Again it depends on the student. Harmonics are good for anyone, and I encourage all students to practice them daily.
The “trumpet sound” has aroused controversy regarding its use; flautists as R. Dick would rather it not be written in order to avoid a counterproductive effect in the lips, do you agree with this?
The counterproductive effect is only temporary. I use this effect in improvisation, however I discourage composers from using it. I have little faith that it will be written in a context where it will be appreciated acoustically or in a way that will avoid the counterproductive effect.
Do you usually use any of the following extended techniques, both on your study and with your students (daily, at any given time…)
Air: Yes sometimes. In a conversation with Sophie Cherrier, I got the idea to spend 10 minutes a day on loud air sounds in order to get the air column working. Of course, she does not recommend doing this with students who already have too much air in the sound, but for those who are too tight or too focused, this really works. I do it myself when I remember.
Voice: Yes, I recommend this to my students and have exercises for it.
Whistle tones: I teach these as needed. There was a time that I played these every day in order to play the first octave whistle tones down to low C. That was hard, but once I could do it I don’t need to do it every day.
Bamboo: Only on request or as needed in the repertoire.
Flutter tongue: Sometimes I recommend this as part of articulation training. Aurele Nicolet recommended that fast, articulated passages should be practiced legato and with fluttertongue.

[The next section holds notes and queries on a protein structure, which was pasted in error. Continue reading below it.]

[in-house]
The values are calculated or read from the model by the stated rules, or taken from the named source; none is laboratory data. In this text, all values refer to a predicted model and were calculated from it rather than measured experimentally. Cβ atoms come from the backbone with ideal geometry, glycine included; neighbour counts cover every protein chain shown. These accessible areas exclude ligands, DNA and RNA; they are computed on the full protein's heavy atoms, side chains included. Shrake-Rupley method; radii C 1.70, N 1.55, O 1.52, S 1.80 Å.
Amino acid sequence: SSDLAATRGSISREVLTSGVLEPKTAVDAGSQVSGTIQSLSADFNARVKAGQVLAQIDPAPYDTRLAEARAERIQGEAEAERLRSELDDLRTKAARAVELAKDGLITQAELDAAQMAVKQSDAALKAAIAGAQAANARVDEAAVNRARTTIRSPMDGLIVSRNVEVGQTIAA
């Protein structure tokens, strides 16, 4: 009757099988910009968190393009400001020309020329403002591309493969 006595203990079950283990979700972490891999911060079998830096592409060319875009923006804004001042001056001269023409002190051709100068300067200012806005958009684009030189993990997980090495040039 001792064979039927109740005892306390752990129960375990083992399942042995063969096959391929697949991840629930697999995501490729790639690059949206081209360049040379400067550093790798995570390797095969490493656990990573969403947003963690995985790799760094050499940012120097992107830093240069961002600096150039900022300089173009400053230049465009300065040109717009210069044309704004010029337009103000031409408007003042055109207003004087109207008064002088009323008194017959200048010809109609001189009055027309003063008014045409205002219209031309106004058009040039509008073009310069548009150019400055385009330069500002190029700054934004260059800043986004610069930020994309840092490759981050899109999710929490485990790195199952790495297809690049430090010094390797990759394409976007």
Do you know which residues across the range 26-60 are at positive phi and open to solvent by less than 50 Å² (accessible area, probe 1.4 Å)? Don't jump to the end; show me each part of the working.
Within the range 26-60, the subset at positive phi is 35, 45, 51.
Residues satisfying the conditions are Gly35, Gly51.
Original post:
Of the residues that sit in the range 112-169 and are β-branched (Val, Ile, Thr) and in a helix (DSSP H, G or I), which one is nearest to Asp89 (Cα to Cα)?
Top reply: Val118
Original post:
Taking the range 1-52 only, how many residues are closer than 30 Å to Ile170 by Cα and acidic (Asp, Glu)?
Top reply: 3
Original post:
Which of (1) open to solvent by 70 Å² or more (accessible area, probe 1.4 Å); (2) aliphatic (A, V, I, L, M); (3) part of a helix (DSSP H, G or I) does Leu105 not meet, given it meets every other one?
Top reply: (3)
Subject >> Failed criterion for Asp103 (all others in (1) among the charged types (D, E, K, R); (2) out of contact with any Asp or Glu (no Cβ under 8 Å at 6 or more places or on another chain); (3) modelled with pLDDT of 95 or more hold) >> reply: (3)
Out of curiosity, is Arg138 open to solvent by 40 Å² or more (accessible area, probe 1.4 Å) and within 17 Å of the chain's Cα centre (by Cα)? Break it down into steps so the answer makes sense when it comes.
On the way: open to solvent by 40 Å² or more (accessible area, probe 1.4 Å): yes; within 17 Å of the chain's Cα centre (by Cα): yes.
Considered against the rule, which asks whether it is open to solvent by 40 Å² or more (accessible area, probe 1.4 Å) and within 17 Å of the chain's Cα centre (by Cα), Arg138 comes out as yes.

Pizzicato: Only on request or as needed in the repertoire.
Key clicks: No. I try to discourage composers from using it. Pizzicato is much more effective.
Jet whistle: as needed, some players think it opens up the sound of the flute.
Circular Breathing: I teach sometimes, on request. Benefits can be as a checkpoint for resonance. When I am warming up or just about to go onstage, I check my circular breathing regardless if it is required in the piece I am about to play. This is a sure-fire test to see if either of my nostrils or the back of my throat is blocked. If I am clear enough to circular breathe then I should be able to play with maximum resonance.
Tongue Ram: In conversation with Sophie Cherrier she mentions that she sometimes teaches Tongue Ram in order to get a student to activate the abdominal muscles. This is something I plan on doing, should I have a student who needs this. I have tried it myself, not something I do every day, but occasionally it is a good activator.
For more information about the benefits of extended techniques, please see this handout.